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Is Congress Going to Double the Interest on Your Student Loan?

Millions of young people may have a much harder time paying for an education.
 
 
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Photo Credit: Charline Tetiyevsky

 

Unless Congress acts soon, millions of college students could see the interest rate on their federal student loans double this summer—adding $5,000 to the cost of an education for students who pay off their loans in 10 years, and around $11,000 over 20 years.

Yet Republicans are claiming that keeping those rates low costs too much and isn't the federal government's job. Rep. Virginia Foxx, chair of the Higher Education Subcommittee, even argued that it's unnecessary for any student to borrow money to go to college in the first place.

Of course, that's entirely divorced from the reality students face today. “We've seen massive state divestment from education,” Rich Williams, higher education advocate at US Public Interest Research Group (US PIRG), an independent research and advocacy group, told AlterNet. “That's on top of a bad economy which has caused families to have fewer resources, and then of course the dialogue around Occupy Wall Street and the reality of student loan debt--it becomes clear to anyone paying attention, that in this economy we cannot double the interest rates on student loans."

Back in 2006, Democrats ran on a promise to cut interest rates on student loans in half during the midterm election—a midterm that swept them back into power in Congress. They kept the promise—sort of. But deficit hawks whining about the cost of the measure kept them from cutting those rates on all federal loans, or making those cuts permanent. What they actually did was enact a plan, the College Cost Reduction and Access Act, in 2007 that sliced the interest students pay on the subsidized Stafford loans, from the 6.8 percent it had been fixed at a few years earlier, down to 5.6 percent in 2009-2010, 4.5 percent in 2010-2011, and now to 3.4 percent. But the cut expires this summer, so next year's borrowers would once again face interest rates of 6.8 percent.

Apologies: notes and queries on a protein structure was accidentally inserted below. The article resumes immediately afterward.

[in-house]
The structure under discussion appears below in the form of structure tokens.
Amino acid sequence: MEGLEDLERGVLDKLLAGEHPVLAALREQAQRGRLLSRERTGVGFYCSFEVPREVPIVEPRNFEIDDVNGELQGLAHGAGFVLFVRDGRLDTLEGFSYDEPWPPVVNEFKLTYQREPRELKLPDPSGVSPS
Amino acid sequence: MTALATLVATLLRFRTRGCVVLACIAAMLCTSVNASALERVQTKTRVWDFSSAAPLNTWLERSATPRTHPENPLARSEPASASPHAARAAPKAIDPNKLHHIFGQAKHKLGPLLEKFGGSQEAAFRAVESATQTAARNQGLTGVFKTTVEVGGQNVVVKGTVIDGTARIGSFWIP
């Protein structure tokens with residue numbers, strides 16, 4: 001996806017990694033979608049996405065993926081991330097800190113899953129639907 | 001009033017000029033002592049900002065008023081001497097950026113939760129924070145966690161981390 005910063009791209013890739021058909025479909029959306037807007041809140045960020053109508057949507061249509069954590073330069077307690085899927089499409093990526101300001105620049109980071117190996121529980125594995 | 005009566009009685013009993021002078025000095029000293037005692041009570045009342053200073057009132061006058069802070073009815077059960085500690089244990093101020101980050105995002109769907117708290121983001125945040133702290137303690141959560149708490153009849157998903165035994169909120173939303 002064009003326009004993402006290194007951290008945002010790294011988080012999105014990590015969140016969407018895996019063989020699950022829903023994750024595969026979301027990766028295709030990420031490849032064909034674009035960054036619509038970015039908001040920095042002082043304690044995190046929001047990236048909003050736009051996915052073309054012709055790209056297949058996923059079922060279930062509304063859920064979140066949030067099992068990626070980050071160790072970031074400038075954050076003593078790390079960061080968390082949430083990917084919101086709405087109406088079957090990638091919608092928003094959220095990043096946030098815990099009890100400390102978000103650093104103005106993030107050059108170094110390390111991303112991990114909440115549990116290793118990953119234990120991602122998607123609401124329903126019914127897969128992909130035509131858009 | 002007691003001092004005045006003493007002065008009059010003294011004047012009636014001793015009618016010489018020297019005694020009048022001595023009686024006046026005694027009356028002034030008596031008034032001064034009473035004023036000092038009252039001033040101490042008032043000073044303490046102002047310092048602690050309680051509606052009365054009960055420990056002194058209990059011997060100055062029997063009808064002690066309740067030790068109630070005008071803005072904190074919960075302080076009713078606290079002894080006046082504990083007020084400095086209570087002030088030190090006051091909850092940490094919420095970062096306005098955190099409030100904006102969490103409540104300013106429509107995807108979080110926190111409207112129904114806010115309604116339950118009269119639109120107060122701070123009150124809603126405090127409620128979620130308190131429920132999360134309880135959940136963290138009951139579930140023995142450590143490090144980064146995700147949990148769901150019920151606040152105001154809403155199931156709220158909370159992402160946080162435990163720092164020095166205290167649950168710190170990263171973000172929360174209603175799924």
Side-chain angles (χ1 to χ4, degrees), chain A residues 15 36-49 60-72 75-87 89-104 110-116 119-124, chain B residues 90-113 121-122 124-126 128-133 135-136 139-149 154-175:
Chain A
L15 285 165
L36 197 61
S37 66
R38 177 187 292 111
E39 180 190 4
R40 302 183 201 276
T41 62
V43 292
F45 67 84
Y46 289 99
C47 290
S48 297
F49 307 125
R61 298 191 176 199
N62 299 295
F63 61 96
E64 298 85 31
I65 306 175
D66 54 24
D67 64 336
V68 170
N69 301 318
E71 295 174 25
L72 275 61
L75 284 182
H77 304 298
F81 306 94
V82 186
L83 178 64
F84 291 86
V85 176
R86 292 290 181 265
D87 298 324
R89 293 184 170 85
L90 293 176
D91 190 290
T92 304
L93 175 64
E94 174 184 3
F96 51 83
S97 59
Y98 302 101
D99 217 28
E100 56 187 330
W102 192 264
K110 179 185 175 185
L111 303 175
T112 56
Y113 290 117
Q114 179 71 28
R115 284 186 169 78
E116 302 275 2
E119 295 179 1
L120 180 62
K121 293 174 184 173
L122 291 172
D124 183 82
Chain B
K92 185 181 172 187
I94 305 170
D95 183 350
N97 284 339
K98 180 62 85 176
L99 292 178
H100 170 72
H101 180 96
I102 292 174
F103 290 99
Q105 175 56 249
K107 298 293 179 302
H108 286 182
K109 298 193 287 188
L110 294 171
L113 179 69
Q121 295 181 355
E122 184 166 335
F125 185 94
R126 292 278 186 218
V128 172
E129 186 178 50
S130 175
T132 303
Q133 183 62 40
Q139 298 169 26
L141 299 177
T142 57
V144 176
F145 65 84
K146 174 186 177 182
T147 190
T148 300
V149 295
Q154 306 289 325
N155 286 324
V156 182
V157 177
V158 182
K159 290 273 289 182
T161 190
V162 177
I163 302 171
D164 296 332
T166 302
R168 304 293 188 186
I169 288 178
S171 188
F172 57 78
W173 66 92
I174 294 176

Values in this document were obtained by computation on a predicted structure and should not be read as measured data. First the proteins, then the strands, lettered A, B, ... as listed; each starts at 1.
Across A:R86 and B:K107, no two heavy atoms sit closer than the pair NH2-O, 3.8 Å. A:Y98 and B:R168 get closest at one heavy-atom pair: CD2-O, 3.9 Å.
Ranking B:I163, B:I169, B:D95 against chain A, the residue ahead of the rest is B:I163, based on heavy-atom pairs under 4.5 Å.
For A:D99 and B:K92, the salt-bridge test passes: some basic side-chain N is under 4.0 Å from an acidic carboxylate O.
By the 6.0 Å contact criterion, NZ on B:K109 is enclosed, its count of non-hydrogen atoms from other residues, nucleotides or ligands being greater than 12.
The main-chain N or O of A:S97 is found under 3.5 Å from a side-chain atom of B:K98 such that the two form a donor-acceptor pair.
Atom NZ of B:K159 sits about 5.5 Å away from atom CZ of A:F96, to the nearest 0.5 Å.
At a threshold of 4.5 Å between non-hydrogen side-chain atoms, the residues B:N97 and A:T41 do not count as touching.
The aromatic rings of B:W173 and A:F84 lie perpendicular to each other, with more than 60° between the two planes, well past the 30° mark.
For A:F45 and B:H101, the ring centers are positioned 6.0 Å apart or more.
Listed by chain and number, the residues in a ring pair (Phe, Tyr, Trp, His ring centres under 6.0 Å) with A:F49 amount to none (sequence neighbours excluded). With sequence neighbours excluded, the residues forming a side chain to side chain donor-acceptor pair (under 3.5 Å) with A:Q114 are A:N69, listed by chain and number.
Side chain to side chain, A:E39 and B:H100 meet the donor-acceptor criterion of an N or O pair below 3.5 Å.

Students with families making under $40,000 a year—those who can least afford to see their interest rates jump--are the primary beneficiaries of the subsidized Stafford loan, which is awarded based on need and lent directly from the government. Stafford loans make up almost half of all federal student loans, and help families who are often not eligible for the Pell grants that help the neediest students.

Meanwhile, the government, which now lends money directly to students rather than subsidizing banks and student lenders like Sallie Mae to do so, is able to borrow at a significantly lower rate than 6.8 percent or even 3.4 percent. So, as Libby Nelson at Inside Higher Ed explained -- and contrary to what Republicans on the Congressional Education and the Workforce Committee say--the government is actually making money by lending to students.

[T]he government now keeps the difference, channeling some of the profits into financial aid programs and most of the rest toward deficit reduction (with some even flowing to administration priorities like early childhood education, as in the 2009 healthcare law). Once more direct and bank-based loans are consolidated, and when the student loan interest rate increases to 6.8 percent next year (when a several-year effort to halve the rate ends), federal student loans will become even more lucrative for the government.

The justification for charging higher interest on these loans is that it covers the risk of default by the borrower. But there is almost no way for borrowers to escape paying back their loan – thanks to the bankruptcy bill of 2005, student loans are not dischargeable in bankruptcy cases. The government can garnish wages, and even Social Security payments. There's almost no way for the government not to collect on a student loan, yet even supposedly forward-thinking outlets like the New America Foundation fall victim to the argument that the government needs protection from defaulting borrowers, and that rates should return to higher levels.

 
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